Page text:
Reading Through Failure
In 2018, I lost my first full-time job. “It’s just not a good fit” was my feedback. My brain turned first to chaos and then to dismay. What do I do now? Two bachelor’s degrees and a master’s degree, and I failed.
Failure. It’s such a terrifying word for a first-generation Indian American whose parents busted their backs to get her a good education. I remember the first week after being a blur. But I’m not a woman to sit and wallow (enjoy some chocolate cake, absolutely). Instead, I had a nagging desire to do something.
Apply to jobs, yes. Start a certificate program in editing, yes. But also, to be better—to learn lessons that only books could provide.
I had read a respectable number of books in 2018 but hadn’t found one that ignited my old passion for stories. Most of those were read for work or school. Somewhere between getting my master’s and finding my first job, I had veered off the reading path that had grounded and challenged me my entire life. I was still reading, but uninspired.
Odd that it took a terrifying life change to steer me back on the path. I wish I could say that I read some classical masterpiece, such as Doctor Zhivago or Sula. But then I’d be lying.
The first book I finished after losing my job was In Conclusion, Don’t Worry About It, a commencement speech by Laura Graham (our favorite Gilmore girl), whose dad Dad tricked her into speaking at her high school. Say what you want about commencement speeches, but they’re inspirational, and this one was precisely what I needed to snap out of my pity party.
“I’ve had ups and downs. I’ve had successes and senior slumps. I’ve been the girl who has the lead, and the one who wished she had the bigger part. The truth? They don’t feel that different from each other.”
I had to read these lines three times before it sunk in: success and failure aren’t the end of a story. The high of success is wonderful, but it doesn’t define you—the same goes for the lows of failure. I continued throughout 2018, picking up whichever book captured my fancy. That spark for reading the stories of others had been reignited, and I was in a bibliophile’s version of heaven.
One day, I was wandering through a used bookstore in St. Louis and stumbled upon a little gem by Anna Quindlen called A Short Guide to a Happy Life. A guide for a happy life? Sign me up.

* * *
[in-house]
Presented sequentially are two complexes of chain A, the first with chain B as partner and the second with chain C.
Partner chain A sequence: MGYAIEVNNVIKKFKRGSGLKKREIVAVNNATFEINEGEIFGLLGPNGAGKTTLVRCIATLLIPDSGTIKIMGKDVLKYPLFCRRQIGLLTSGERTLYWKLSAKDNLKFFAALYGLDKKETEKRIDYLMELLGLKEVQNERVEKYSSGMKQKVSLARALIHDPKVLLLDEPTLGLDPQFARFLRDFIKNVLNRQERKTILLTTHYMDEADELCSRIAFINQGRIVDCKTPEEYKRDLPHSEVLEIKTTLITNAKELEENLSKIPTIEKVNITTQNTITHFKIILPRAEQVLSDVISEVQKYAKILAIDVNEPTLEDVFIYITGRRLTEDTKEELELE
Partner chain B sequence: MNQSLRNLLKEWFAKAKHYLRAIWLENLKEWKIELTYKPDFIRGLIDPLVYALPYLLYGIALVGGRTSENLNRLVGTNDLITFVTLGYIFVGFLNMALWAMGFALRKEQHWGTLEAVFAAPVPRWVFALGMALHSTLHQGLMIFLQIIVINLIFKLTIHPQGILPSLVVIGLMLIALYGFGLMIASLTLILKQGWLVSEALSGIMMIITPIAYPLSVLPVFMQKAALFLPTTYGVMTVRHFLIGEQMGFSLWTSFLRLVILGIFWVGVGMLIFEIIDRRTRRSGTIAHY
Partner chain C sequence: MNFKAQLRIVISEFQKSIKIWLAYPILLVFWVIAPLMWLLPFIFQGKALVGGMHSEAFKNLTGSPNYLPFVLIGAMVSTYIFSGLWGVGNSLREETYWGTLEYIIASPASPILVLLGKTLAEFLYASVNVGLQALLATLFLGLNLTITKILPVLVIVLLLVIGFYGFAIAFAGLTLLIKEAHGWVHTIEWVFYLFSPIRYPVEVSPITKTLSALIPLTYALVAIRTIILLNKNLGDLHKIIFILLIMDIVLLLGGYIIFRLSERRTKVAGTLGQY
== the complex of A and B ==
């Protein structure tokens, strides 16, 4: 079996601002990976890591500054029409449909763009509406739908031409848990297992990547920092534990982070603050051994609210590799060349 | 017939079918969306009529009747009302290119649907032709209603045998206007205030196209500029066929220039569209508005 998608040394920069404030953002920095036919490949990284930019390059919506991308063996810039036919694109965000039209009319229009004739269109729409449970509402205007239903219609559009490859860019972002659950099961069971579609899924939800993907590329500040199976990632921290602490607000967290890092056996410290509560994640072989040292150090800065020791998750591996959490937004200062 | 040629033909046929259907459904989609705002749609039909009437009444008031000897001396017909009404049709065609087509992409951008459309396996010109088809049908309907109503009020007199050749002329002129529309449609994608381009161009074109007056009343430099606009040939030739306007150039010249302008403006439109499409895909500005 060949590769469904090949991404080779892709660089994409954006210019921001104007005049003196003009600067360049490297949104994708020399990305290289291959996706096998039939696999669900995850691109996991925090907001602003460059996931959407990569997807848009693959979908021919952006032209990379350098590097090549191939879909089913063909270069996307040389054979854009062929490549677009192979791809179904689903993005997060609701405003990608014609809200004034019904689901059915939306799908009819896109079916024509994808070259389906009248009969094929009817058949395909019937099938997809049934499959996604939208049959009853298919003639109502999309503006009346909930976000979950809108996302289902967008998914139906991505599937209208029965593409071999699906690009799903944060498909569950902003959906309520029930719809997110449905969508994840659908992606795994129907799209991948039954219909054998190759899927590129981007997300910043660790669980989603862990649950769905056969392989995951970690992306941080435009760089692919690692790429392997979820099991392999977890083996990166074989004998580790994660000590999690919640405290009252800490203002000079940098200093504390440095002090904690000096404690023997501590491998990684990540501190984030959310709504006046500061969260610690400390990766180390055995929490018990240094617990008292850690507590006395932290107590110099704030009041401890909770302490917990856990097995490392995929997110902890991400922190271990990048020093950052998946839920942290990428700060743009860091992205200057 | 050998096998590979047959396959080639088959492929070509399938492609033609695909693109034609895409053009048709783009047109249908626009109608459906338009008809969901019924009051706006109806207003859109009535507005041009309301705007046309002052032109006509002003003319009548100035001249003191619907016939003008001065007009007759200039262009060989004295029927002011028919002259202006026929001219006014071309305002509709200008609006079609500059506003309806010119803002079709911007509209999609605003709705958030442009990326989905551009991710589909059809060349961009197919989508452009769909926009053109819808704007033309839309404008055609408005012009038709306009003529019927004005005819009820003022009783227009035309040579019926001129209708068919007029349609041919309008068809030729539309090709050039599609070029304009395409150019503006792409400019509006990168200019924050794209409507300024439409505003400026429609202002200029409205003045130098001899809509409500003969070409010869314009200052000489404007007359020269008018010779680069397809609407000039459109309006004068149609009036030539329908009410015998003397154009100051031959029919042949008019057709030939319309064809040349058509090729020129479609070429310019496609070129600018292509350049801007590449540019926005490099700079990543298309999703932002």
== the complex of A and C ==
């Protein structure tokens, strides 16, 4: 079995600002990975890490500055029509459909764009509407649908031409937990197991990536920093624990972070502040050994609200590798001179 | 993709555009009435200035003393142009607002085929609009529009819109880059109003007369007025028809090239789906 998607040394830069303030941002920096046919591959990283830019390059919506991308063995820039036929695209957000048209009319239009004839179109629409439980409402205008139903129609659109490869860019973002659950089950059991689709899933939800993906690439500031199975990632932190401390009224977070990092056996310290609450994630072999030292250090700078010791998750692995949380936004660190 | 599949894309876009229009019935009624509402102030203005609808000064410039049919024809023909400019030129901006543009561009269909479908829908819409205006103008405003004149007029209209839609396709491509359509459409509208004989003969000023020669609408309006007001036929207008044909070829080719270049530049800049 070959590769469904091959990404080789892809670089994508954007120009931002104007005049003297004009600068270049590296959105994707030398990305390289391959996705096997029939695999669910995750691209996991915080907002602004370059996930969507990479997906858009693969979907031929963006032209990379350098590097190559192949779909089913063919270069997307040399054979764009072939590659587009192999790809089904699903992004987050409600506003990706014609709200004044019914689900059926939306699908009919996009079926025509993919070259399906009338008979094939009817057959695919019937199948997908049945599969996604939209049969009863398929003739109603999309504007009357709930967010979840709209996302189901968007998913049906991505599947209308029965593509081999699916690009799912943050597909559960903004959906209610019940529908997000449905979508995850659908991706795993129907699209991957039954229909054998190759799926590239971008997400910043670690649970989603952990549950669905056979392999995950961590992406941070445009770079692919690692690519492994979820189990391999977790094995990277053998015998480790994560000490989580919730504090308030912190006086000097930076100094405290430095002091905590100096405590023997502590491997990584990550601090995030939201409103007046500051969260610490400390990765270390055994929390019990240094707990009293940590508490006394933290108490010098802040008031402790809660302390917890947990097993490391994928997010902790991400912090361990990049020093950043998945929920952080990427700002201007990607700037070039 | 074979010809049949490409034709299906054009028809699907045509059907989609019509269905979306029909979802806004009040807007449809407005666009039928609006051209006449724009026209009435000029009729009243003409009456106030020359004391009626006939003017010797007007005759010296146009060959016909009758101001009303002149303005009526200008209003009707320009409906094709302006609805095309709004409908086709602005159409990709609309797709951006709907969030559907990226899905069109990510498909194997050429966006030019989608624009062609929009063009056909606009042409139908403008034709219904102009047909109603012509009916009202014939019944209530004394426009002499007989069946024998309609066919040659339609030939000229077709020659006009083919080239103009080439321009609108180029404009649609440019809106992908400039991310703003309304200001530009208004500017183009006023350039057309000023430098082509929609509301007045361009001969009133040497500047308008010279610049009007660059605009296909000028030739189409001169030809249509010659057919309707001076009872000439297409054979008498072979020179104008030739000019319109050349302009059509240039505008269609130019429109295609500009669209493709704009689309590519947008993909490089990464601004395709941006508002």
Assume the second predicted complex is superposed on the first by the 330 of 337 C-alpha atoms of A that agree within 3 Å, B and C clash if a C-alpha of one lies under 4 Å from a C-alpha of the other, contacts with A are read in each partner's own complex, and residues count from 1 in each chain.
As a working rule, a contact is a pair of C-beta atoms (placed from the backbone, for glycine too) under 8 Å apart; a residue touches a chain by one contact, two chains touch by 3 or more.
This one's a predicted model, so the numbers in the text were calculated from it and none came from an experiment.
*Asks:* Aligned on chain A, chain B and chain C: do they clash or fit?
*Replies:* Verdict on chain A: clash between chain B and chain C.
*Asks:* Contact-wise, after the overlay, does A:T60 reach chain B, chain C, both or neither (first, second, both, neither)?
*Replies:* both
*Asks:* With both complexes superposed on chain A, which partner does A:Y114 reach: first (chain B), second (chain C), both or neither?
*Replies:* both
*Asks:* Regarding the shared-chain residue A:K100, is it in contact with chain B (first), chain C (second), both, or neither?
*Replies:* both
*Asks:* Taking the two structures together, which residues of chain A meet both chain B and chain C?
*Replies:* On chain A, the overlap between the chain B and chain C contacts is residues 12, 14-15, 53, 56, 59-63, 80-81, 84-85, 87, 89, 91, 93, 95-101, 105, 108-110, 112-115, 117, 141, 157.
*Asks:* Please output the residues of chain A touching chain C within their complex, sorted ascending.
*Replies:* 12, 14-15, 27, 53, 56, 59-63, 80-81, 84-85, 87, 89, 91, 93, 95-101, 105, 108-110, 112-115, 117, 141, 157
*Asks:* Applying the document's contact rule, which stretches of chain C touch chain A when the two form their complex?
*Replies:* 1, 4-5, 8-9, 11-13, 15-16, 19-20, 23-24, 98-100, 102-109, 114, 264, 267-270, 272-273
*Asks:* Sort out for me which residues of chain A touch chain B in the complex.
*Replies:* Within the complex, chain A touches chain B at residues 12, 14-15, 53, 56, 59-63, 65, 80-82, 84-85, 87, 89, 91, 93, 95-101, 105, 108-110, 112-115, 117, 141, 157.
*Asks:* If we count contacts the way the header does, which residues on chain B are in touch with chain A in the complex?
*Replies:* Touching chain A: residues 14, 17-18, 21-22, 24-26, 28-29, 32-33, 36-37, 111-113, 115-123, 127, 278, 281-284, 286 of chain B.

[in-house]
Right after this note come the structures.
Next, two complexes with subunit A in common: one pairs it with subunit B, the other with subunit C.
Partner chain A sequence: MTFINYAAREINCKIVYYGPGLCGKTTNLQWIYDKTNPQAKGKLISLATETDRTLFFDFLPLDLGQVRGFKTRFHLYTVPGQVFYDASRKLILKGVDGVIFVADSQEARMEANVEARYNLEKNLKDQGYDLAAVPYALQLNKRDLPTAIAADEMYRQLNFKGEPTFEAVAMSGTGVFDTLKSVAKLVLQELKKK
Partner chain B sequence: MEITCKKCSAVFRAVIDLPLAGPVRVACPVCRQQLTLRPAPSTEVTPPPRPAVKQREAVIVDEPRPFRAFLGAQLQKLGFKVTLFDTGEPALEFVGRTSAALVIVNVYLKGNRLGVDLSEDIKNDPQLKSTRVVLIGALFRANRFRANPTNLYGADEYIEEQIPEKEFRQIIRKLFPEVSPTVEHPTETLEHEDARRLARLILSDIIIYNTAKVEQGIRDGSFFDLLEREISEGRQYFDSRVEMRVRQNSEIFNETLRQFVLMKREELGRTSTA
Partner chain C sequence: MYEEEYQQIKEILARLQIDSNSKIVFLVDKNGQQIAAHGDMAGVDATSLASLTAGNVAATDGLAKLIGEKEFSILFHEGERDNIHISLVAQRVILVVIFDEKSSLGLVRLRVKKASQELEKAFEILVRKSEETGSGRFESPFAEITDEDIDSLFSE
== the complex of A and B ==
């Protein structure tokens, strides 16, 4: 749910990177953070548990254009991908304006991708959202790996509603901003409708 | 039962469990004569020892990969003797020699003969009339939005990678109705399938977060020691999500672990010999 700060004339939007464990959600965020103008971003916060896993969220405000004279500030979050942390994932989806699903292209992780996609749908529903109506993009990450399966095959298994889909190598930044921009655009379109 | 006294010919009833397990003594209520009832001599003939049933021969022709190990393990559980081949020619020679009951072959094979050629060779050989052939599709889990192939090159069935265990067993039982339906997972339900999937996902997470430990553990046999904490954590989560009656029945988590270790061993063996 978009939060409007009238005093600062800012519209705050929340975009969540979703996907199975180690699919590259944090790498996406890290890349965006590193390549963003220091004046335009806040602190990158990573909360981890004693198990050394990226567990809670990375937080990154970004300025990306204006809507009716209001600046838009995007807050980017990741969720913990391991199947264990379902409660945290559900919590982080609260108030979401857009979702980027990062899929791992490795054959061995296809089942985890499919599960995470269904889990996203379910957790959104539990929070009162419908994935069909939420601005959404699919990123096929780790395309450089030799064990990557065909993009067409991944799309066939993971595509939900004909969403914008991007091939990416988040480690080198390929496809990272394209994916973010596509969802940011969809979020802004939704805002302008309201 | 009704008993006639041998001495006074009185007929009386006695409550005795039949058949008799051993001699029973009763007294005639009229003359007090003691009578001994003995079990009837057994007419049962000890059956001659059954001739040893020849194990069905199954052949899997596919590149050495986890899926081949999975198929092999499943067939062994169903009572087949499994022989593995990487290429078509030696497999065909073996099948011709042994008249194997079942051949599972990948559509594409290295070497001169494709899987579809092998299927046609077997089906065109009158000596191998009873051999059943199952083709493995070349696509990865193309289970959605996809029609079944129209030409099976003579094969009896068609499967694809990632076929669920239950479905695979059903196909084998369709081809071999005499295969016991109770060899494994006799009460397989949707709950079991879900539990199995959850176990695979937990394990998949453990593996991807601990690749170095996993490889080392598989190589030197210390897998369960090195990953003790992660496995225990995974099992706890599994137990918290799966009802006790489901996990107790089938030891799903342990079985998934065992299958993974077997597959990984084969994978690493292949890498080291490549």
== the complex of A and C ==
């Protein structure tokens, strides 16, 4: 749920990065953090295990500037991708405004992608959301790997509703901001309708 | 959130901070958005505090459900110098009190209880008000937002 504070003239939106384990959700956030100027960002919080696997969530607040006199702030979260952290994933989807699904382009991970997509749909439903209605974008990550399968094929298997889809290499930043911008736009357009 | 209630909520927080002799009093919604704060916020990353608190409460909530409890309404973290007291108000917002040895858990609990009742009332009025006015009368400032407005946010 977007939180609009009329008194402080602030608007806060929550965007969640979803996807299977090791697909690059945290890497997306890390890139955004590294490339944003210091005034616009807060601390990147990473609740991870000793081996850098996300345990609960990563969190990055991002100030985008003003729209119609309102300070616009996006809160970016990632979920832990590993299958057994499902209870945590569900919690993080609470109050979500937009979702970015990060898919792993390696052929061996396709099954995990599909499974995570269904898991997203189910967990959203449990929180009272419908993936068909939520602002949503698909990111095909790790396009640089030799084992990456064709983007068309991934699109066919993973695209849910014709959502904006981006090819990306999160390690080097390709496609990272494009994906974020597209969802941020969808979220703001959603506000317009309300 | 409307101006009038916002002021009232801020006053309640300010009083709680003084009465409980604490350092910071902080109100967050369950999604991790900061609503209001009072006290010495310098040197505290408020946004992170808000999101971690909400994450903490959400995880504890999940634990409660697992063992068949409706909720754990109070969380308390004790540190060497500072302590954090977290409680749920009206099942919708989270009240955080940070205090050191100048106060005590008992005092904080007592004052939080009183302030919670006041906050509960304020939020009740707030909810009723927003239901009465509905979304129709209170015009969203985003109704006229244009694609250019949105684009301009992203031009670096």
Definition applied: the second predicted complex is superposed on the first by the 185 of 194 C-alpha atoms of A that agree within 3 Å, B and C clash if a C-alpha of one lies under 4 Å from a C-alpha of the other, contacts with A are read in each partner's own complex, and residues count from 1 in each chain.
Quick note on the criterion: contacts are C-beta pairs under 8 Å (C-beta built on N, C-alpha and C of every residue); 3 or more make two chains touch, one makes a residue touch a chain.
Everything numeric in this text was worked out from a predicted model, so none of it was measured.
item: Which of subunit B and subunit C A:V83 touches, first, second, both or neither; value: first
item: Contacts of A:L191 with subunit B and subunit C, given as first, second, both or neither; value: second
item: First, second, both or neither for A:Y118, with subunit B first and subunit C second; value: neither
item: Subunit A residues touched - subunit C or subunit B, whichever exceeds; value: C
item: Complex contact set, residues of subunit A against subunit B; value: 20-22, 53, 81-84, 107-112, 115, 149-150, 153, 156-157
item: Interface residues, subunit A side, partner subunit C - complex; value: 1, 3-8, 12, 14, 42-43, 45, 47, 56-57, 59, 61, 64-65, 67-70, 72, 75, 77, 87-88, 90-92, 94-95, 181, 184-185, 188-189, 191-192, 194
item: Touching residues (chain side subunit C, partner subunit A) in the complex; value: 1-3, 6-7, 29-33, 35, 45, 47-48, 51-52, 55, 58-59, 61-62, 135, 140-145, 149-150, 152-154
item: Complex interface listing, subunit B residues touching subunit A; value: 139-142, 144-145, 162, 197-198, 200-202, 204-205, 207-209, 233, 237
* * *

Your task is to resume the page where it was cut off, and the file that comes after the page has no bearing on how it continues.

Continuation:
“When you leave college, there are thousands of people out there with the same degree you have; when you get a job, there will be thousands of people doing what you want to do for a living. But you are the only person alive who has sole custody of your life.”
A harsh dose of reality, but Quindlen reminded me that I can’t let the accomplishments of others diminish my self-worth. Also, I can’t assume that my degrees and experiences will dictate my success because they are external factors subject to the interpretations of others. They’re great. But nothing without me.
It’s funny—in one way or another, I already knew these lessons. But it took a shattering life event to gain perspective. I realized that while books teach us new lessons, they also remind us of the old ones. The ones we should know but took time to accept.
Chugging through the year, I began picking up books that introduced me to characters who faced insurmountable circumstances. The first full-length novel I read was The Girl on the Train by Paula Hawkins.
How could a thriller be helpful? More specifically, how could an extremely popular one be helpful? But our protagonist is an alcoholic who’s not over her ex and fantasizes about a seemingly perfect couple she watches during her morning commute. I’ve also faced rejection and fantasized about a perfect life. Fortunately, my life didn’t unfold like Hawkins’s story, but I learned that it’s okay to dive into the tide of failure and take a few punches.
Books gave me the confidence to apply for jobs I thought I’d never get. I eventually found one that I enjoy, but I refuse to get complacent again. Fast forward more than a year later, and I have read some amazing books I thought I’d never get to.
The Handmaid’s Tale, Eve out of Her Ruins, and Sea Prayer. They’re harsh teachers, but the lessons are necessary and will stick.